After all, how many glasses of water should we drink a day?  Discover the rule that helps you ingest the ideal amount

After all, how many glasses of water should we drink a day? Discover the rule that helps you ingest the ideal amount

The doctor Hélia Castro indicates that the amounts vary with age and explains the strategy to consume what is ideal. What is certain is that hydration is essential for everything: from a good intestinal functioning to the glow of the skin, passing through the improvement of memory and the reduction of tiredness.

Hydrating the body is essential, guarantees the doctor Hélia Castro, explaining that water is necessary to transport nutrients, hormones and other compounds in the blood. To CNN Portugal, the doctor explains the entire hydration process and clarifies the amount that should be consumed every day, which can vary from person to person.

What should you do to ensure good hydration?

According to the doctor, one should “ingest the daily amount of water necessary for the proper functioning of the body, which is made up of about 75% water”. However, the need changes throughout life: The proportion of water in the human body varies in different age groups, with a decrease as age advances”.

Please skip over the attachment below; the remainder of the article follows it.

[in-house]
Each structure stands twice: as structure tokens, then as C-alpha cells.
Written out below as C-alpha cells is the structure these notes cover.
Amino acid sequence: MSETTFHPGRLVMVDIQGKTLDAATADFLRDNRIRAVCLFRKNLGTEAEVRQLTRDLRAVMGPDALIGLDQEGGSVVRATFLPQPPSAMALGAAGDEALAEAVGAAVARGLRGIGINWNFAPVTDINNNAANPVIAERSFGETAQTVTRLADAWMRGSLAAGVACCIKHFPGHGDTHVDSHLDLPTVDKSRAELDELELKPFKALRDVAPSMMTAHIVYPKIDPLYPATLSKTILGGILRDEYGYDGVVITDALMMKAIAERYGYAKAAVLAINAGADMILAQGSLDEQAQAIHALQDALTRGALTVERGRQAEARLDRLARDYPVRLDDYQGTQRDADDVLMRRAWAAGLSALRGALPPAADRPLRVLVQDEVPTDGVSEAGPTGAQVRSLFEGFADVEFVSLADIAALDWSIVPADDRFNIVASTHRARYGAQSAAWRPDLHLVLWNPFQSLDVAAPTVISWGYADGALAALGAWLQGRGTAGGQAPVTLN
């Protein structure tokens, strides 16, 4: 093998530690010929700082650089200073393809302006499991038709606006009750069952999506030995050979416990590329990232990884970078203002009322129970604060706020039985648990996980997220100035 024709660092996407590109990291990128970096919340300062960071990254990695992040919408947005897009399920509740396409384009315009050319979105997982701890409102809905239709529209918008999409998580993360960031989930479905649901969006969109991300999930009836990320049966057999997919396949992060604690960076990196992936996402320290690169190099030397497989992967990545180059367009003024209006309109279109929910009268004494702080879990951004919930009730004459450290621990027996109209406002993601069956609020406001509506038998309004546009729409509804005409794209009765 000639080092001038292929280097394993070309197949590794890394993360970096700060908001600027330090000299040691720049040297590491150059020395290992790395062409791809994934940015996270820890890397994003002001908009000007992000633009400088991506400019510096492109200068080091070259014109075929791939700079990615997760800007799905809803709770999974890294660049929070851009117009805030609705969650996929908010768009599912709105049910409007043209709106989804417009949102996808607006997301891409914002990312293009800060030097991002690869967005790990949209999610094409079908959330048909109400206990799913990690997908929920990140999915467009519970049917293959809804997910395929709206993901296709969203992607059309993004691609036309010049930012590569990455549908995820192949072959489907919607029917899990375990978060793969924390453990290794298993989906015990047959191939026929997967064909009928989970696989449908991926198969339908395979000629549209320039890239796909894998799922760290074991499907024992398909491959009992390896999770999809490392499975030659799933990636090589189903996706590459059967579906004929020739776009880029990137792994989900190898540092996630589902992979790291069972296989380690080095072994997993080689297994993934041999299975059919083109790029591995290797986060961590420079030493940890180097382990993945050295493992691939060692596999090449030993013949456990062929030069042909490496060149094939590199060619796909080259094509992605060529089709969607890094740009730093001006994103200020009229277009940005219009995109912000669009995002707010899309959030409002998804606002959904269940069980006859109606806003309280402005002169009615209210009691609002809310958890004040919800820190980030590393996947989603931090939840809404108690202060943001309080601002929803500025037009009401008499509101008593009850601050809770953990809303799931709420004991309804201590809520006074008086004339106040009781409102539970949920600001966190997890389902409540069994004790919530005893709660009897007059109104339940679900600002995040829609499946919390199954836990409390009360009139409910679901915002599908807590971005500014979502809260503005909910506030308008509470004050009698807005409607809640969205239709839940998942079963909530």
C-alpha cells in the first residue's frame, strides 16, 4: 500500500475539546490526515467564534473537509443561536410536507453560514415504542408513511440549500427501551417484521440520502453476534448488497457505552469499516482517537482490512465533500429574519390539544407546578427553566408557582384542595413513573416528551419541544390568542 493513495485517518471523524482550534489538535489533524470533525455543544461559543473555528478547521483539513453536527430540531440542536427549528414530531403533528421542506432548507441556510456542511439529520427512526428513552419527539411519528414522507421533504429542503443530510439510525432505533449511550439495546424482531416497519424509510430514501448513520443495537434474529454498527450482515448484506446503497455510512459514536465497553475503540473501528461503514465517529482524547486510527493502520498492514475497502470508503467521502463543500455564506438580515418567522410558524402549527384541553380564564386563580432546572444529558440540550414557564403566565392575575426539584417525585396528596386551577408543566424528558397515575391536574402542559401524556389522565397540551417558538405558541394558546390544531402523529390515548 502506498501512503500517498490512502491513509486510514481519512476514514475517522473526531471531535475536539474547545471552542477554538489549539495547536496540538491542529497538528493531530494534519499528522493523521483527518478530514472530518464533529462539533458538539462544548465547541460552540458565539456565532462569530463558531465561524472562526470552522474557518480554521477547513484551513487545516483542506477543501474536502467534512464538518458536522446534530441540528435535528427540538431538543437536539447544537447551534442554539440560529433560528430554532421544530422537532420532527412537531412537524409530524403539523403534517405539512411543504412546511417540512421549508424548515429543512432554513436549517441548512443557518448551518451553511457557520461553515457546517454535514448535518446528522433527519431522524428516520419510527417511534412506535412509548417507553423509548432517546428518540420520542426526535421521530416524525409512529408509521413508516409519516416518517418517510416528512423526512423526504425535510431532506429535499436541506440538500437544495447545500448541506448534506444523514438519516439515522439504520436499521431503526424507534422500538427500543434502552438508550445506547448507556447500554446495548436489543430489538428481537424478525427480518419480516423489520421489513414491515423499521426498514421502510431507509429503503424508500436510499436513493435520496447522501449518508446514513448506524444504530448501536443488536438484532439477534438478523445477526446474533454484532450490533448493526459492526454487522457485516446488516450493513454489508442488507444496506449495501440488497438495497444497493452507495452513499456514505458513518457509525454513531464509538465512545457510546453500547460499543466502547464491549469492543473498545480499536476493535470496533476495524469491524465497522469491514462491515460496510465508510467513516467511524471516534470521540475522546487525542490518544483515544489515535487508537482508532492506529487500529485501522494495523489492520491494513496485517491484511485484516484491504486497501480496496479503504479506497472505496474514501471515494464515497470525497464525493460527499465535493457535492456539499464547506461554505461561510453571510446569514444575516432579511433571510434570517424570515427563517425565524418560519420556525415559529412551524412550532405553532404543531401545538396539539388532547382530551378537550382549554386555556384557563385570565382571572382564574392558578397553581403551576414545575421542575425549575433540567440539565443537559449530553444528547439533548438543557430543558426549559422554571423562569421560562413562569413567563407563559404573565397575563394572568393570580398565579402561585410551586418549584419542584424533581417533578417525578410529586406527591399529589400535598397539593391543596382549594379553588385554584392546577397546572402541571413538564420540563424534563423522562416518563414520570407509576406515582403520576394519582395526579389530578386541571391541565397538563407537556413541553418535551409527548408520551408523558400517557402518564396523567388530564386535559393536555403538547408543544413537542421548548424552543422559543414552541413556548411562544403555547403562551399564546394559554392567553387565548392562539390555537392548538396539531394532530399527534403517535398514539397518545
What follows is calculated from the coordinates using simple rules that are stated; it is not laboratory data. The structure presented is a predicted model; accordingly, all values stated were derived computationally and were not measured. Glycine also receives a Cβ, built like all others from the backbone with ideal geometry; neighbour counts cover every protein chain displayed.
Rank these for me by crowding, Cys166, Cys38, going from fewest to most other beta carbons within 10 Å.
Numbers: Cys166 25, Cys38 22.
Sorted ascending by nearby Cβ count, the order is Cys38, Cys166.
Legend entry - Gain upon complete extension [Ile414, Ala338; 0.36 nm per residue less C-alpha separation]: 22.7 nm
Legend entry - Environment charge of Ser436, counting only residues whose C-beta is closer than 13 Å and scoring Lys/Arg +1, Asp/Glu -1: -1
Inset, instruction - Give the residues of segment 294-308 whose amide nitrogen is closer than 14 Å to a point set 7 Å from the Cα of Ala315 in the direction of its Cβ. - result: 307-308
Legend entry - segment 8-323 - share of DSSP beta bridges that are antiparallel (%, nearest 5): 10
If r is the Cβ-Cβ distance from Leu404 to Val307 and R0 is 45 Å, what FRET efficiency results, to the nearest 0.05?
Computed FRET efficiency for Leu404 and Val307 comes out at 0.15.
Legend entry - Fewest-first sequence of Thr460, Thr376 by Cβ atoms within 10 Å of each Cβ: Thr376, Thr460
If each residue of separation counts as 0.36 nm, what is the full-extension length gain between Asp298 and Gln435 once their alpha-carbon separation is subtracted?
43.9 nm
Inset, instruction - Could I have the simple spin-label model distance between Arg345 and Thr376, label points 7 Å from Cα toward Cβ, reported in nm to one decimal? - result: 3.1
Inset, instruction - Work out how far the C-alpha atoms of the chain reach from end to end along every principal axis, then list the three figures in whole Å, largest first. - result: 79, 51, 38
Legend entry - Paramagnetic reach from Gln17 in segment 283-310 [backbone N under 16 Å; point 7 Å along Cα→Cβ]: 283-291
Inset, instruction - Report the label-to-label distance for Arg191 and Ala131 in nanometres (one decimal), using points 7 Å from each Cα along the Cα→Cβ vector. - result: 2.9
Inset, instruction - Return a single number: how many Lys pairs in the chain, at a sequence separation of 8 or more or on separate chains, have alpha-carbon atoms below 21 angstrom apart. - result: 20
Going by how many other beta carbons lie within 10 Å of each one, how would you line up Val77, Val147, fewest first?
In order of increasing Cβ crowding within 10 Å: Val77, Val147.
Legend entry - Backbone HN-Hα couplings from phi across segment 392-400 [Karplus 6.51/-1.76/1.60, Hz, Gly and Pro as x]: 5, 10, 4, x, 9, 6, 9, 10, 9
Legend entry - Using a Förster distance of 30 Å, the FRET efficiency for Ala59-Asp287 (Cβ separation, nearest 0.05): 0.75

How many glasses of water do you need to drink a day?

The ideal, he advises, is to drink “about 8 glasses of 200ml of water/day or between 1500 to 2000ml of water/day”. To help achieve this goal, the specialist in general and family medicine recalls the “so-called “Rule of 8 glasses of water”. This is to help “people who have difficulty ingesting water to discipline themselves and drink the necessary amount”. The rule is simple: define and drink 2 glasses on an empty stomach; 1 in the middle of the morning; 2 before lunch; 1 mid-afternoon and 2 before dinner.

Does hydration change with age?

At any age, you should drink 1000-2000ml of water a day.

life cycle stage



Children (2 to 3 years old)

1.0 L/day

1.0 L/day

Children (4 to 8 years old)

1.2 L/day

1.2 L/day

Children (9 to 13 years old)

1.4 L/day

1.6 L/day

Teenagers and adults

1.5 L/day

1.9 L/day

Source: Institute of Hydration and Health, 2010 ( Note: The reference values ​​presented are close to those recommended for healthy individuals, although they may depend on several individual factors (physical activity, ambient temperature, disease situations, among others).

However, warns the doctor, some “patients with chronic kidney disease, on hemodialysis, may be an exception to this rule, because if the kidneys no longer work and do not produce urine, water intake will have to be limited, as excess can cause edema (swelling in the limbs, face, chest and abdomen) and cause heart failure”.

How to compensate for the lack of water in the elderly?